Online responses to <cite>UU World</cite>.
After reading the Rev. David Bumbaugh’s Summer 2011 article, “The Unfulfilled Dream,” a parishioner asked the Rev. Andy Burnette, “Are UUs spiritual dilletantes?” Burnette, writing at Just Wondering, replied that he both agrees and disagrees with Bumbaugh. “I think our diversity work already is rooted in the Universalists’ claim of a common destiny for all human beings. As I see it, every Sunday a Unitarian Universalist congregation is like a model of the whole world. . . . There are atheists, agnostics, Pagans, and Buddhists in my church in Danville, just as there are all these people living side by side in the real world.” (May 24)
The Rev. Jeff Liebmann, writing at uujeff’s muse kennel and pizzatorium, offered his “elevator speech” in response to Bumbaugh’s questions about Unitarian Universalist identity: “Unitarian Universalism is a religion promoting the use of human courage and reason in the pursuit of universal love. For me, that’s it. . . . All of the rest can wait. All of our principles and sources are covered.” (June 6)
Bill Baar of Pfarrer Streccius wondered, “what drives this recurring meme of UUs baffled to explain their church? . . . After two years on my church’s board and one of those years as a VP for Programs, I never had a committee chair come before us and say they were at a loss to explain what being a Unitarian Universalist meant. Spending a year on the membership committee of Unity Temple in Oak Park, Ill., in the 1980s, I was never at a loss to tell anyone what being a UU was about.” (June 6)
While reading Doug Muder’s Summer 2011 essay, “Before Words,” John Beckett of Under the Ancient Oaks discovered that Humanism and Paganism share a troublesome habit: focusing so intently on definitions that they “suck the soul right out of it. . . . The future of religion does not belong to those who can best circumscribe the Infinite. The future of religion belongs to those who dive deeply into their part of the Infinite and then join together with other people of good will to support each other, to learn from each other, and to build a better world here and now.” (June 4)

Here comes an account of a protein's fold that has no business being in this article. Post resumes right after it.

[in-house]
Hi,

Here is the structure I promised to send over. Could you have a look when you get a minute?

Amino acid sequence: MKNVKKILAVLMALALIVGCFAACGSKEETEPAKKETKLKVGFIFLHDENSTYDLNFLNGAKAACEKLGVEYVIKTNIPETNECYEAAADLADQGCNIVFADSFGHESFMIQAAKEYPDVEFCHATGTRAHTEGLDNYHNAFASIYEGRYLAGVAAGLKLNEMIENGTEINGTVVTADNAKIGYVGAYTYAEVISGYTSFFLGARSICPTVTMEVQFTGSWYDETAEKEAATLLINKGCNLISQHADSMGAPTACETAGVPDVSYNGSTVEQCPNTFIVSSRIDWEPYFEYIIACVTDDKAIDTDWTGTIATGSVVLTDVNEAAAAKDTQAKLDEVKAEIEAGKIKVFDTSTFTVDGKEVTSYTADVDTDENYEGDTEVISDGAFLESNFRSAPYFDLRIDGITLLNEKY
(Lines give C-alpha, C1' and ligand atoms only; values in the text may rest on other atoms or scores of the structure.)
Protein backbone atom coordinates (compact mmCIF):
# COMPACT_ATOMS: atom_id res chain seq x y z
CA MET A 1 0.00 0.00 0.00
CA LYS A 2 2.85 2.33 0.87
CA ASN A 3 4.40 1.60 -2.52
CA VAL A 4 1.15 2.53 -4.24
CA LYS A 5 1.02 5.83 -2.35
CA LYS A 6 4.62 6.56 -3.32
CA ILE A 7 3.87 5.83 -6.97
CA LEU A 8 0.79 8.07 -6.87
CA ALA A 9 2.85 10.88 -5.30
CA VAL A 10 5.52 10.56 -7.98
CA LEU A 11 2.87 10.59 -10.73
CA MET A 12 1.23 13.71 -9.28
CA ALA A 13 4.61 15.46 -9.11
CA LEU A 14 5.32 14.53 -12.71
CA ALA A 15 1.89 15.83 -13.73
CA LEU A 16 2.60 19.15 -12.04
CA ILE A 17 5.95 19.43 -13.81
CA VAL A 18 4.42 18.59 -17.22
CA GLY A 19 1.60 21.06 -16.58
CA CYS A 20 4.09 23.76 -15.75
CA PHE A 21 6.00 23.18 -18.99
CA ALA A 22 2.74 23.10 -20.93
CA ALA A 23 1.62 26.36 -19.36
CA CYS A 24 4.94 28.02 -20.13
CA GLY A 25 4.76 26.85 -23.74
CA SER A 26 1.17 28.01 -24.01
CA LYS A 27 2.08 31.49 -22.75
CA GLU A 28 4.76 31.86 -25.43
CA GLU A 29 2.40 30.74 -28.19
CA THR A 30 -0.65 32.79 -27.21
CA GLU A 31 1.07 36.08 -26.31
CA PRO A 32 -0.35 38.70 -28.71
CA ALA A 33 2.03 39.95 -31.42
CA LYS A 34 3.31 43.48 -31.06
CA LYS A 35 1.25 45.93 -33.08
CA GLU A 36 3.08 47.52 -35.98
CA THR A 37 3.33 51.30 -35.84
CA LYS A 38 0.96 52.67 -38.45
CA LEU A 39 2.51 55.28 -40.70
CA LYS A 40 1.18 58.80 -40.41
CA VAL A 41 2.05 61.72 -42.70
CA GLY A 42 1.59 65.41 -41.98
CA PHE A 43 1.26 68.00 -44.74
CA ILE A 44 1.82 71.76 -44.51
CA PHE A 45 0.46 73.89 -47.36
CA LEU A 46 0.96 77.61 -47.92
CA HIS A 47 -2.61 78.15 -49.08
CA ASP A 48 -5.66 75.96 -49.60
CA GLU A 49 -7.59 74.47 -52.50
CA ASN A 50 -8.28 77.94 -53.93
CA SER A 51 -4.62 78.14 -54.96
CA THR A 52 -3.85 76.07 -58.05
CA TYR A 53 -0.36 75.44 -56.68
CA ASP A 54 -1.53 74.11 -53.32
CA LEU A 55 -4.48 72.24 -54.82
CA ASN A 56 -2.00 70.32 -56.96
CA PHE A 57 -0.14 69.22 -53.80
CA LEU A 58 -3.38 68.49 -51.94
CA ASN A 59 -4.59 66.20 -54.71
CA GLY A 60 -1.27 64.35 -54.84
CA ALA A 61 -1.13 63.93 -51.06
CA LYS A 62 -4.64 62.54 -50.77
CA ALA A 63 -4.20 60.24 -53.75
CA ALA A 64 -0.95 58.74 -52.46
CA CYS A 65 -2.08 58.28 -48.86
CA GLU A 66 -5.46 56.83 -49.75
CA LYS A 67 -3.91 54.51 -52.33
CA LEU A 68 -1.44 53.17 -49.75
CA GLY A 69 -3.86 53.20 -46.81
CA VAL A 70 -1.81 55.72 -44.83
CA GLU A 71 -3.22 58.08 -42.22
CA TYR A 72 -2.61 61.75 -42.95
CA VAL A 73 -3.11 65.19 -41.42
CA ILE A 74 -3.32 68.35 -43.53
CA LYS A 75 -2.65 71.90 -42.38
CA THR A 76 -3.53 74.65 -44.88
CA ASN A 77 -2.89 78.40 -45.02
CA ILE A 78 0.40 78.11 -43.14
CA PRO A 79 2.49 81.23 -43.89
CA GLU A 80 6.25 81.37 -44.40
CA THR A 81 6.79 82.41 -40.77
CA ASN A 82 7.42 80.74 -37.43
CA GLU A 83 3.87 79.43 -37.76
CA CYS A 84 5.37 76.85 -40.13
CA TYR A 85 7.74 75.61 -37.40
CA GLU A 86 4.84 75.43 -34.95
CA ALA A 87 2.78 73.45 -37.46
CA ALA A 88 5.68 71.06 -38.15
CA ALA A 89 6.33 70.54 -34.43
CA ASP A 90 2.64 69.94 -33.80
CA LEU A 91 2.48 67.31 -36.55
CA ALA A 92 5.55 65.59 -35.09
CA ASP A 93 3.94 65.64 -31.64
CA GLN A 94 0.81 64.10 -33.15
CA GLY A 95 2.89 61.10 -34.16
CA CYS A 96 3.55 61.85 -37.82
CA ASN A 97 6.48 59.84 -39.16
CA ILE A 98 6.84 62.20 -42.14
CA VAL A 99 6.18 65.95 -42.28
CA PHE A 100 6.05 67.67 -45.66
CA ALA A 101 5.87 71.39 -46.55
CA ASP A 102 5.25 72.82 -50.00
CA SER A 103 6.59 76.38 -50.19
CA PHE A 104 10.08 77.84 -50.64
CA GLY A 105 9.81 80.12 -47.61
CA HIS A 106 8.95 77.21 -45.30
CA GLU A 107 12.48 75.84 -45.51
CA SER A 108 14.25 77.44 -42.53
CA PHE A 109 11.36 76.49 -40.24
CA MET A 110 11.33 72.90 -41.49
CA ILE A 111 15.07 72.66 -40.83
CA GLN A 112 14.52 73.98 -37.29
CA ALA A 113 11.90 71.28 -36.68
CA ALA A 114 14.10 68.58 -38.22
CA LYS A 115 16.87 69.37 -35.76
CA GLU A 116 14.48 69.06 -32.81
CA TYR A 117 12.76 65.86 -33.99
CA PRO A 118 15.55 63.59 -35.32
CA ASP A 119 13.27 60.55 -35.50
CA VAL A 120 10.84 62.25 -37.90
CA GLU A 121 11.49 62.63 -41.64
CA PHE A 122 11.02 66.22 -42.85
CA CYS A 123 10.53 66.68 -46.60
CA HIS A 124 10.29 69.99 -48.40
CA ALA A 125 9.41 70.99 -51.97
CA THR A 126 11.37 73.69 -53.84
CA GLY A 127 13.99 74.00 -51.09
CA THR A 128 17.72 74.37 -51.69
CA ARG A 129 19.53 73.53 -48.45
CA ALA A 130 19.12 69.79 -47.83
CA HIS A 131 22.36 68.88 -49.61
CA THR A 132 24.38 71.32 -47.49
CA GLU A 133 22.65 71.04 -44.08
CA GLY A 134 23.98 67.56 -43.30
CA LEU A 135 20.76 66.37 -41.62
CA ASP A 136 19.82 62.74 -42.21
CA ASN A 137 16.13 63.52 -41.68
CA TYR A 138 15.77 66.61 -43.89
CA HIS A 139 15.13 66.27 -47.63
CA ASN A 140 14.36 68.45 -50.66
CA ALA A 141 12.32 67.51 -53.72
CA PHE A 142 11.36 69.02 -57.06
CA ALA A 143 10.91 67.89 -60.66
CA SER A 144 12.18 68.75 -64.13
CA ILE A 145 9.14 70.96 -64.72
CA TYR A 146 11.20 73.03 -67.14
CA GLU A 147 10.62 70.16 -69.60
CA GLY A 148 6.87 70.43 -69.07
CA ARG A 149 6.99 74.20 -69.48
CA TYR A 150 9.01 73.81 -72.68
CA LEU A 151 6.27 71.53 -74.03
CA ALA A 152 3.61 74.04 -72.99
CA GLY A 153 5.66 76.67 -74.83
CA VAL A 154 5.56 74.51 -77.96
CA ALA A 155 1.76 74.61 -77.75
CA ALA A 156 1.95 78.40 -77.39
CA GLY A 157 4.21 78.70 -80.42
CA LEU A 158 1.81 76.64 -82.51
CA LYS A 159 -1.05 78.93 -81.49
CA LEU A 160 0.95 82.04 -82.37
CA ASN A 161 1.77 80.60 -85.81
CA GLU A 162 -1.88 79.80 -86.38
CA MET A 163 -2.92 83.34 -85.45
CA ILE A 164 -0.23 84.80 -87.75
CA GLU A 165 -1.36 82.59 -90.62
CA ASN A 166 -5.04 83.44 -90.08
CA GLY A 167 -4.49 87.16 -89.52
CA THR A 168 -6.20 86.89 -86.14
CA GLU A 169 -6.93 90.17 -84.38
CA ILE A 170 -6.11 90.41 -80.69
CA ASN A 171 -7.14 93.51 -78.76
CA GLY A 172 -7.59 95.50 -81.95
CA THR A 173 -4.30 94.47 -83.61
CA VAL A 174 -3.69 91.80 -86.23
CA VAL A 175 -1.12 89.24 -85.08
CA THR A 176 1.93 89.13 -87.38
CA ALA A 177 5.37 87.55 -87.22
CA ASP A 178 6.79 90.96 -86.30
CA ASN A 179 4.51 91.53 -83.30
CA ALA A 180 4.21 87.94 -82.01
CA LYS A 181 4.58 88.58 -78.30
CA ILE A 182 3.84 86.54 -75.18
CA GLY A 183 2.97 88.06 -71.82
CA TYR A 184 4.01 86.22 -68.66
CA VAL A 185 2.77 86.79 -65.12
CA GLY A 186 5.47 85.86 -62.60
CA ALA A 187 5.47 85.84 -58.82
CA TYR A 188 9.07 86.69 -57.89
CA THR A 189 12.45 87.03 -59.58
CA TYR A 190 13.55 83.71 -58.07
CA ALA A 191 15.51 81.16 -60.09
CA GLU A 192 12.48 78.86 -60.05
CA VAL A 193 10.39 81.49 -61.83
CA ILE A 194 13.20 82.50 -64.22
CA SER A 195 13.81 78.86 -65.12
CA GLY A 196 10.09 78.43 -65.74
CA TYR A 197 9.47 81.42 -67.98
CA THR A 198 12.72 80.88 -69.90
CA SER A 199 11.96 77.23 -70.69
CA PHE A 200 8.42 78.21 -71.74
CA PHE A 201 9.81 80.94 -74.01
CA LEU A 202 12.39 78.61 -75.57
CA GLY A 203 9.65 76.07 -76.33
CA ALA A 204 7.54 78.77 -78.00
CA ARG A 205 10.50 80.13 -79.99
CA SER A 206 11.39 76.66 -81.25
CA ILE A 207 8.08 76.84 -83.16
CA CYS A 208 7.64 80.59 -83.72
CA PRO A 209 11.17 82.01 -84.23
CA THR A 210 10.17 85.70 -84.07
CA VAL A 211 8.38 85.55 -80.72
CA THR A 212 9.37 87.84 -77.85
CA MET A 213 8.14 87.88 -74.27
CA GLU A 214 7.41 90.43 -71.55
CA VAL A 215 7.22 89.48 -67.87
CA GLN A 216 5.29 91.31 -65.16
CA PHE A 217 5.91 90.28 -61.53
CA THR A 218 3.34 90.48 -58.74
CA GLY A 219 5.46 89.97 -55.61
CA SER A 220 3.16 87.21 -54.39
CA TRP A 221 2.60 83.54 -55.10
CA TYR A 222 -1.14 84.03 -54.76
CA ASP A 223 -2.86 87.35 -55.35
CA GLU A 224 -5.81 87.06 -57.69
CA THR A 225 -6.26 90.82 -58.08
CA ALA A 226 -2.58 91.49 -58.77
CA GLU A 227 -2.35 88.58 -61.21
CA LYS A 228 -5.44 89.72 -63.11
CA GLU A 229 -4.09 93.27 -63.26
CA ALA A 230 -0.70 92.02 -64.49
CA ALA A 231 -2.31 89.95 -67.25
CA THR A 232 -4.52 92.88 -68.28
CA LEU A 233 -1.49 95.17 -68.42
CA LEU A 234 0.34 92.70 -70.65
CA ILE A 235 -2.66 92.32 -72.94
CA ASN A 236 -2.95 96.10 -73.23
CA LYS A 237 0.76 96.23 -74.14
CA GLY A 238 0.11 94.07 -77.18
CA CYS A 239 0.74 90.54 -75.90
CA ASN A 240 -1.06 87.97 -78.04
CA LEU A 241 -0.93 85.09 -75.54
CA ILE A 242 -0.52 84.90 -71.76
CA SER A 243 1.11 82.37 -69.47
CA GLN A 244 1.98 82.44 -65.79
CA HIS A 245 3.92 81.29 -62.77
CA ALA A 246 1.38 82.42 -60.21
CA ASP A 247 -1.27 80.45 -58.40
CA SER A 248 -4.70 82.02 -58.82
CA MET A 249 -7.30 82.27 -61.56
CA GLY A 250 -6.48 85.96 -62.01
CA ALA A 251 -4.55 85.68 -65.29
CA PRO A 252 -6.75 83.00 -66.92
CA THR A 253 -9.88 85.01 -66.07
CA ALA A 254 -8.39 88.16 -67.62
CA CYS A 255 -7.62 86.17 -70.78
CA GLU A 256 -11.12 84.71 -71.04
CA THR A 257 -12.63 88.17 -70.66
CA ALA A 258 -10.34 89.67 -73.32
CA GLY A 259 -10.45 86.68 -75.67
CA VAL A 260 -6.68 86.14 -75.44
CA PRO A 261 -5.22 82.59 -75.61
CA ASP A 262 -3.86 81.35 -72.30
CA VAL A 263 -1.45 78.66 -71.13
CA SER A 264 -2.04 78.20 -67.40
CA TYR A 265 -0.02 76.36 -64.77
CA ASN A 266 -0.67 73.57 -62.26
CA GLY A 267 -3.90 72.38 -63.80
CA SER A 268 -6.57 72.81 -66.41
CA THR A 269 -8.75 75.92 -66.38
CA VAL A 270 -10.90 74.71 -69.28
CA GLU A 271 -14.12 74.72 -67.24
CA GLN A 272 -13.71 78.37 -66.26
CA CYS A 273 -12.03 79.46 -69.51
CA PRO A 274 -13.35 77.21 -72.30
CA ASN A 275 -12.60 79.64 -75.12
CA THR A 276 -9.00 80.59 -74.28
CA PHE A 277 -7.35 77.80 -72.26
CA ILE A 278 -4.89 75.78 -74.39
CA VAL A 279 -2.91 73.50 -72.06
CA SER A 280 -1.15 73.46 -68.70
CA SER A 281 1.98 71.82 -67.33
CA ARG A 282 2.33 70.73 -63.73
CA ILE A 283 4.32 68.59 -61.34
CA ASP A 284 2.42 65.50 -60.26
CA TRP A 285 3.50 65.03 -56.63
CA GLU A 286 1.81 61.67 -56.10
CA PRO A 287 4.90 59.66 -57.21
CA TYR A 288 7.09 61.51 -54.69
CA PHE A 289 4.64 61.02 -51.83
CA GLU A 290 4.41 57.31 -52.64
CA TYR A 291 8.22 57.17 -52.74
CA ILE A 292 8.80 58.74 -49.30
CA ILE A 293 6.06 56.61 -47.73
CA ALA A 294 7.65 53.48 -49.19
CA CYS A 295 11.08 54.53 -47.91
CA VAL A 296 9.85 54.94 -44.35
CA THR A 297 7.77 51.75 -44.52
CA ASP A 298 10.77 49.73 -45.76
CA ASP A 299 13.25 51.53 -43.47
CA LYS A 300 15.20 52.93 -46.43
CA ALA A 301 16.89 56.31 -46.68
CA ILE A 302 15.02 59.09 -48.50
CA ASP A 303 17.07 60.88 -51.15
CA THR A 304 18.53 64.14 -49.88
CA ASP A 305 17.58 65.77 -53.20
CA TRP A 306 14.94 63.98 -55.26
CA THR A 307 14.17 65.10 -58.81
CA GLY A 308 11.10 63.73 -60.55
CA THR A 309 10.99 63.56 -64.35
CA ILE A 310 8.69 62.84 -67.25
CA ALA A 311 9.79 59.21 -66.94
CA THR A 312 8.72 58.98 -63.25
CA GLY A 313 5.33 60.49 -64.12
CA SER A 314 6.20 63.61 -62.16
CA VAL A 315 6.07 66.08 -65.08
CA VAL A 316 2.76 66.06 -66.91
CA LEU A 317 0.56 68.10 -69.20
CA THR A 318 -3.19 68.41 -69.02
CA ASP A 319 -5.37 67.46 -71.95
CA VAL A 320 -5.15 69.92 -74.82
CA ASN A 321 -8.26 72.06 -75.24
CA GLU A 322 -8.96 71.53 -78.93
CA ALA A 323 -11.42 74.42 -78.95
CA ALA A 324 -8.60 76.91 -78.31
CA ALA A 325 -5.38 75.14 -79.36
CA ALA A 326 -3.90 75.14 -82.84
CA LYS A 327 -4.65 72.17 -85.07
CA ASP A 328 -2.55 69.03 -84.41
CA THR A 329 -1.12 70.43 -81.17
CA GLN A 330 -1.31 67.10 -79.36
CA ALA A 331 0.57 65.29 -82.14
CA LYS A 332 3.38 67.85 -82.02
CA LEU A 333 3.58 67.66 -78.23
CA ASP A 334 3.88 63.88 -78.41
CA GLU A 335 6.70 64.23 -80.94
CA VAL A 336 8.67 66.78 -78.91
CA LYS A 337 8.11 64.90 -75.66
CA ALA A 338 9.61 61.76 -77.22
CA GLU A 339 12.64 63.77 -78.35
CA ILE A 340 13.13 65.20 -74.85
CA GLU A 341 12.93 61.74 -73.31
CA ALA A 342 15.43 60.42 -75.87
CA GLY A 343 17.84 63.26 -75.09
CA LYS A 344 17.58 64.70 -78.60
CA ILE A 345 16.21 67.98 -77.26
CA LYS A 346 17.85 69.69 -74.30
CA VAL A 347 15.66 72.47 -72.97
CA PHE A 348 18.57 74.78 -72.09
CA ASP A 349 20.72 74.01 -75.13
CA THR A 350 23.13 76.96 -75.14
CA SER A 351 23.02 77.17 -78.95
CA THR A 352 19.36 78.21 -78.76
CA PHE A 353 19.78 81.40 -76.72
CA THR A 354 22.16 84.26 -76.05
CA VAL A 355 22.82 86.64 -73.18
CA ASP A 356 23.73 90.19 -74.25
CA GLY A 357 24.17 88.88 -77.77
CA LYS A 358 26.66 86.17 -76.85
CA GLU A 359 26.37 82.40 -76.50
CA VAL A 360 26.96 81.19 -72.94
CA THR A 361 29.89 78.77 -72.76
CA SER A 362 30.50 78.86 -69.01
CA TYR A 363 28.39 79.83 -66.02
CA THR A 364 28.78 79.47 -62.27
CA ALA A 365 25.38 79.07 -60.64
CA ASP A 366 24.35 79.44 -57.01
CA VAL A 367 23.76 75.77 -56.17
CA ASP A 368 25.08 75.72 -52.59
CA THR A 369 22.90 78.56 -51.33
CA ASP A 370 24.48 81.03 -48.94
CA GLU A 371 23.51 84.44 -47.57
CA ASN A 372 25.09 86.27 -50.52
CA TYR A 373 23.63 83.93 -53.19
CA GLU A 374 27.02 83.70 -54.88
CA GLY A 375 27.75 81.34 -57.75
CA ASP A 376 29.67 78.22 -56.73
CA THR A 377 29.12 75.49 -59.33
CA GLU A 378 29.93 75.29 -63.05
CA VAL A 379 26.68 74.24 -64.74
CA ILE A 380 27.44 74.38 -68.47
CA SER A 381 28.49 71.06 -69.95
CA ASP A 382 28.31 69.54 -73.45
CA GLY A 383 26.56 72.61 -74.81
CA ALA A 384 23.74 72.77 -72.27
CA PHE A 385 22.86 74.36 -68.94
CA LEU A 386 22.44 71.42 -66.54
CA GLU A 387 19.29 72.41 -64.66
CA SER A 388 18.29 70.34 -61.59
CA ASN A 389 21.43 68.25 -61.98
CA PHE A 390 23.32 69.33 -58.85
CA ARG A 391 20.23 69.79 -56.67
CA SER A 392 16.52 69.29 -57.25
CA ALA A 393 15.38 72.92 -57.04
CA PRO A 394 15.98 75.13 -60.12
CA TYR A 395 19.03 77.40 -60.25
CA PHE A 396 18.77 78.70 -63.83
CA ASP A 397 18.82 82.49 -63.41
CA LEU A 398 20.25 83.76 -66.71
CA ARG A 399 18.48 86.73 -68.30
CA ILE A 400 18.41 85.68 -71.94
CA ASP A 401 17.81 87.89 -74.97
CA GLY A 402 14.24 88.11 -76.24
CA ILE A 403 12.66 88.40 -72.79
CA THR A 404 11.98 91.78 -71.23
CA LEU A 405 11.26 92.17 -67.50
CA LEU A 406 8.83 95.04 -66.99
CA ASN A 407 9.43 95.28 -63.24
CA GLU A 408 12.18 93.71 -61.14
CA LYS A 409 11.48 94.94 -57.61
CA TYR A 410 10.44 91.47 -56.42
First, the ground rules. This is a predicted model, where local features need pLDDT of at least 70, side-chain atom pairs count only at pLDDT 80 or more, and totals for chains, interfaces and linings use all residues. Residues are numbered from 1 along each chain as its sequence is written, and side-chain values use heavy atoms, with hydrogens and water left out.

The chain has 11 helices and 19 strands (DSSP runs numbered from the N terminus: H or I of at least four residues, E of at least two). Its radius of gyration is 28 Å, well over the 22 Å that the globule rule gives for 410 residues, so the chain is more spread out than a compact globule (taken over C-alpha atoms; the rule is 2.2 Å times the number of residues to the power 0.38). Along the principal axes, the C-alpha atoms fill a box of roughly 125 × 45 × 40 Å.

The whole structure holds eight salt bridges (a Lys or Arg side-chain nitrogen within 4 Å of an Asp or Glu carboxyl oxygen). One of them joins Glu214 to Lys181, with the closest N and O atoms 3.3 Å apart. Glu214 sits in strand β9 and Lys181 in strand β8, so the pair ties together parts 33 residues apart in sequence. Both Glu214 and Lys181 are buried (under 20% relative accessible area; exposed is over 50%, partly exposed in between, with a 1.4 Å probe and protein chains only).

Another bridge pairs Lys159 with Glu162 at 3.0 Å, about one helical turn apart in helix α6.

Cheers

In response to Michelle Bates Deakin’s news report “UUA membership declines again” (uuworld.org, May 23), the Rev. Adam Tierney-Eliot of Burbania Posts pointed to congregational inability to adapt to the surrounding community’s needs: “[We] expect the community to adapt to us. We liberals tell folks that they are all welcome . . . if it is convenient for our particular institution in its current format.” (May 23)
The Rev. Dan Harper announced at Yet Another Unitarian Universalist that it’s “time to panic” about declining religious education enrollment and in follow-up posts provided reasons for the decline as well as recommendations for reversing it. (May 23)
“Ogre,” writing at Sparks in the Dark, compared UUA membership numbers to those generated by a Pew Research study. “Churchgoing UUs are relatively well-off, extremely well-educated older white women. . . . ‘Free-range’ UUs are probably middle class, but are pretty likely to be lower middle class, if not poor; they’re much less educated, . . . they’re young, and male. Simply taking US demographics—young, male, lower education and income . . . they’re also far, far more likely to be mixed race or people of color.” (May 16)
Ogre’s analysis was also a response to “Worker,” who set off a blogging controversy at This is Worker with his statement, “There’s no such thing as a free-range UU.” (May 7)
Faith and Justice, the blog of the Religious Coalition for Reproductive Choice, drew attention to Kimberly French’s Spring 2011 story, “To Listen without Judging.” “Unitarian Universalists have a strong tradition of social justice activism. But even so, the story of the abortion hotline established by the First Unitarian Church of Rochester, New York, is inspiring.” (May 2)
Several bloggers responded to Daniel Burke’s Religion News Service article, “Can Unitarian Universalists Make It Another 50 Years?” which appeared in many newspapers and at The Huffington Post. (June 29)
The Rev. Dr. Victoria Weinstein, writing at PeaceBang, noticed a relationship between gender and authority in Burke’s article. “Interesting gender and authority breakdown in this article: the one woman interviewed is also the only layperson the reporter talked to, and she is portrayed as being insecure and apologetic. Five ordained men contribute quotes that cast the vision for the movement.” (June 30)
Writing from a Pagan perspective, Jason Pitzl-Waters at The Wild Hunt had mixed feelings about the story Burke tells about a neo-Pagan lay leader. “While I’m pleased to see UU Pagans get noticed, I’m less happy with the fact that Burke seems to use this moment to underscore how far the UUA has drifted from its Christian roots.” (June 30)
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The Rev. Heather Christensen wrote The Interdependent Web, UU World's weekly guide to Unitarian Universalist blogs, from 2011 until 2020. She lives with her two young children in Bellingham, Washington.